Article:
Route: MGY-4G1-MGY (Approaches at 4G1, MFD, MGY)
Weather: Scattered clouds, 78 degrees, wind variable at 4 knots
Mike and I had a puppy-filled weekend. Seven little guys flew into Wright Brothers on Friday night from North Carolina. I took four of them, who couldn't have been more than 8-10 weeks old, home with me for the night and Mike fostered the other three. They were cute and cuddly, just as you'd expect puppies to be. See below for proof! :)
When we first got home, they were pretty much inseparable
Getting more cuddly...
These two loved to be close to each other
Contained in the tiled part of the house - as if I need to explain why
No sane person can say no to these adorable little faces, right?
Fast-forward to this morning, when we met at Wright Brothers around 8:00. It was time to fly the pups to Greenville Municipal Airport, just across the OH-PA state line. There we would meet another pilot who was flying them the rest of the way to their new home near Buffalo, NY.
It took a little while to load them into the plane but we were underway around 8:45. The weather was absolutely beautiful on the way up - mostly clear skies and smooth, cool air. The dogs pretty much relaxed in their carriers the entire trip and Mike and I chatted much of the way.
One of the reasons I was tagging along on the trip was to act as a Safety Pilot. For those of you who don't know what that means, it's pretty simple. Mike's working on his Instrument Rating, which will allow him to fly in the clouds. In order to practice (and this would be the same for a pilot who is already Instrument Rated) he has to wear a device that prevents him from seeing outside. Since we're flying in Visual conditions, we are responsible for "Seeing and Avoiding" all other aircraft. Long story short, if one pilot is "under the hood" the FAA requires another pilot on board to watch for traffic and monitor everything. So that's where I came in - I kept my eyes outside and made a couple radio calls whenever Mike put the hood on.
As we approached Greenville, Mike called Youngstown Approach and requested the VOR/GPS Approach into the airport. An instrument approach is basically a series of points and altitudes you fly through in order to safely arrive at an airport in low visibility, clouds, etc. So he flew us down from cruise altitude on instruments until about a mile from the airport, at which point he peeked outside again and made a normal landing.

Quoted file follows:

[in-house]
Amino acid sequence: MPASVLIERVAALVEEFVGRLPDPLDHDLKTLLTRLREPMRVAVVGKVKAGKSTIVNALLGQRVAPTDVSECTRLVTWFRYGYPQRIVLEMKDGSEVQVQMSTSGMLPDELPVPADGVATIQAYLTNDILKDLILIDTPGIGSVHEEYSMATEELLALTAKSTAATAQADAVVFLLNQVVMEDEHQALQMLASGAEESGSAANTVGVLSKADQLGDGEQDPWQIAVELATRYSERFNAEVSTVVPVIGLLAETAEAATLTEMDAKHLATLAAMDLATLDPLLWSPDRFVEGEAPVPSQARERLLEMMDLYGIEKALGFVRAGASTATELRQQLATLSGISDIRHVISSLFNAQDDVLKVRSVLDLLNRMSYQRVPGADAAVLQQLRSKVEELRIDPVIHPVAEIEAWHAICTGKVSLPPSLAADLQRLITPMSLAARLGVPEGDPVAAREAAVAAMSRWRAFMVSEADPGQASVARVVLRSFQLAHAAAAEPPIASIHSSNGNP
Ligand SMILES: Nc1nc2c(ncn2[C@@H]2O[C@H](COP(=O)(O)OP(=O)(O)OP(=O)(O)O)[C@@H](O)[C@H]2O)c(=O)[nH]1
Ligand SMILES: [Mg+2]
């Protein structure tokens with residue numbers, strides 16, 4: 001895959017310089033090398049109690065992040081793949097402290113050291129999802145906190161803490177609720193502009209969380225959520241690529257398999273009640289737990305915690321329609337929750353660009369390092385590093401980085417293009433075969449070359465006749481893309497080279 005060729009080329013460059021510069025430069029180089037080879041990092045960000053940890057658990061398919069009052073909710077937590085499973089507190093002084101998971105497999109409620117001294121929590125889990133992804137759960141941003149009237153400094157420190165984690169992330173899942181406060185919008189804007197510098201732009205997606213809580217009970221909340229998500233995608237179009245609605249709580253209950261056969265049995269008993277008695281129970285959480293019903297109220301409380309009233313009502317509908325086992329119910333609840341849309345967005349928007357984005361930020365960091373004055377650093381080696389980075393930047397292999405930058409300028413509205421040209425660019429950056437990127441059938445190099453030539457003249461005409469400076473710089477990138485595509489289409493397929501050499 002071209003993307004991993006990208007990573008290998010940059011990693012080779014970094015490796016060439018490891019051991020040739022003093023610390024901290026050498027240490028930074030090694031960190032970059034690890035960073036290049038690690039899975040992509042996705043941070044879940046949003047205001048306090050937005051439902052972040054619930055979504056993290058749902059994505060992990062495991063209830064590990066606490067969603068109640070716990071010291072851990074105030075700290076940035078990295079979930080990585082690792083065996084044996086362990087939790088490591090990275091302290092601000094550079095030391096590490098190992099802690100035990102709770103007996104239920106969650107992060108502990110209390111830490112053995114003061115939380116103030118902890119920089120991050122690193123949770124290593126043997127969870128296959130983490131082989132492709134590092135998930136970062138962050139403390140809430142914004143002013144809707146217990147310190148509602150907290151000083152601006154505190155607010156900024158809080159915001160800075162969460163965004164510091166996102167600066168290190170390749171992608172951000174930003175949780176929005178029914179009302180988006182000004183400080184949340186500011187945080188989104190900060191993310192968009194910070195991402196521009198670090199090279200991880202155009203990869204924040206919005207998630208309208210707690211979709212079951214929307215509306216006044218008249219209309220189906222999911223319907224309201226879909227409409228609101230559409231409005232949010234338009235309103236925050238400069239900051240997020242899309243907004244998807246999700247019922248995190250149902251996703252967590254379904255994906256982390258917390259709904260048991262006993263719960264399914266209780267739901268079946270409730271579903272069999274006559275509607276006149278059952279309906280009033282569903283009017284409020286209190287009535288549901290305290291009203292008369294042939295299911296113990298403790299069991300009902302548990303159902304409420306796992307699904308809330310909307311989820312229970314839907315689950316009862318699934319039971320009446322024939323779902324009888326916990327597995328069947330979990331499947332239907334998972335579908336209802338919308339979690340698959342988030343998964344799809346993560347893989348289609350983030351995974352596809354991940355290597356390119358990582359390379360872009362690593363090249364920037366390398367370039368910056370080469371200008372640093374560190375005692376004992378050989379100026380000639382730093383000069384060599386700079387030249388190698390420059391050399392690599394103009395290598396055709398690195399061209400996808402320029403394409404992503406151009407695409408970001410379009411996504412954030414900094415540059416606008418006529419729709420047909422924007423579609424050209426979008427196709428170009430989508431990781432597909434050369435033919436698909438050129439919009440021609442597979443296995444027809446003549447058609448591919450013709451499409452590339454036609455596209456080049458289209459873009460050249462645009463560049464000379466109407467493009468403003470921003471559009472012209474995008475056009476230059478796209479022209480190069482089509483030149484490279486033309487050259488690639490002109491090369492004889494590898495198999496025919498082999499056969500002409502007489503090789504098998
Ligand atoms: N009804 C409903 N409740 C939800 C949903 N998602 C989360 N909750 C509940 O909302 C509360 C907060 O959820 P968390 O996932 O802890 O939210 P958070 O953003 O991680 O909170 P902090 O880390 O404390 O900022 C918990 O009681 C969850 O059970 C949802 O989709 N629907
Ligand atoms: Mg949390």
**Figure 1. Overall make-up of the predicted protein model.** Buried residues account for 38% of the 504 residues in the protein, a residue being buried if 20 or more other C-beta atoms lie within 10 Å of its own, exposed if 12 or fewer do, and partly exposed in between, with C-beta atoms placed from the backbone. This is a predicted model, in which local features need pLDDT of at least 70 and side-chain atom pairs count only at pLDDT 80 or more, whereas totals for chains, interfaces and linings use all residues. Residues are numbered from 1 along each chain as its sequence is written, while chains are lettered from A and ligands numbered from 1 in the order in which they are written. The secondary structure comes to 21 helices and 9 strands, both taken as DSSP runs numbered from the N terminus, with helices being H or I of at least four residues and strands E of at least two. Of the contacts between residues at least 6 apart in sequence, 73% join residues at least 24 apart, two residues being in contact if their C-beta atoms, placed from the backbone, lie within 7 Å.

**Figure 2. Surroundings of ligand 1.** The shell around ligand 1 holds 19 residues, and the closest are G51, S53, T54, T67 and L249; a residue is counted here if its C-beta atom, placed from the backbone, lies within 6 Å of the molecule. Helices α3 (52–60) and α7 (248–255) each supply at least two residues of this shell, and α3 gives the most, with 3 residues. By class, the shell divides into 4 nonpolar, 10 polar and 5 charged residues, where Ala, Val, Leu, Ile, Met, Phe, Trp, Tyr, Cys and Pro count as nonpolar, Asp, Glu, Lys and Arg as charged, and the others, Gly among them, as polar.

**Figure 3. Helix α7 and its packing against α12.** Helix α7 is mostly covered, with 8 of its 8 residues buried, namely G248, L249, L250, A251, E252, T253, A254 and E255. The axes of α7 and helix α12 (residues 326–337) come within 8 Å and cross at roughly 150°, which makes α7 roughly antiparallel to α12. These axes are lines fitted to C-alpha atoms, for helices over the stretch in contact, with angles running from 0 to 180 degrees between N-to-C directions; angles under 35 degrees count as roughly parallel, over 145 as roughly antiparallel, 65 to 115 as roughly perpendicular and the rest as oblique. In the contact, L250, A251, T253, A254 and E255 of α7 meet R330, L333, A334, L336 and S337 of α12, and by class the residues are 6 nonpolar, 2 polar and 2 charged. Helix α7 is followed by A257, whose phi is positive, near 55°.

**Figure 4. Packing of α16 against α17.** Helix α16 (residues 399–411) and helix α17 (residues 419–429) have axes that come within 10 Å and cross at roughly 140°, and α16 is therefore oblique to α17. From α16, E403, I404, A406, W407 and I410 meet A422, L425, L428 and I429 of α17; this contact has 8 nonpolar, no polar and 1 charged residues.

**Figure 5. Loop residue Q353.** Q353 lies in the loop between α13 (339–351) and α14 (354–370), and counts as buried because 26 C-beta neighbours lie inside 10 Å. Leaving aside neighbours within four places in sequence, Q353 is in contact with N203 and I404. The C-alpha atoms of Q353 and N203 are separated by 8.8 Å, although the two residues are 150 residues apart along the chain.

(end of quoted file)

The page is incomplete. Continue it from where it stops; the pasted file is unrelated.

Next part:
Puppies and airplanes really do play well together
Charging at me on the ground at Greenville Municipal Airport
Mike and I attempting to say goodbye to all the energetic puppies
Starting to load the dogs into their second 182 of the day
These guys were quite content just relaxing on the ramp
One final goodbye to this cute little dude
All loaded up and ready for the last leg of their journey
The dogs were all happy to get out of their cages and roam around once we landed, as you can see from the above photos. We chatted with the other pilot for a short while as he met the puppies, then loaded them into his own airplane. It was around 11:00 when we took off and headed back towards Dayton.
Instead of flying directly home, we first headed towards Mansfield. They are known for having great controllers and quite a few pilots around here seem to practice approaches there. Today it was our airplane taking advantage of their hospitality; Mike flew the ILS Runway 32 Approach. We didn't land - just got down close to the runway then continued on our way home.
One of my favorite sights in the air - clouds reflecting off lakes
Final for Runway 32 during a practice ILS approach at Mansfield
It's always fun passing over Wright-Patterson Air Force Base
Passing downtown Dayton on the RNAV GPS Runway 20 approach into MGY
One more view of the city reflecting off the wing
Today's Flight: 0.8 hours (SIC)
Total Time: 224.5 hours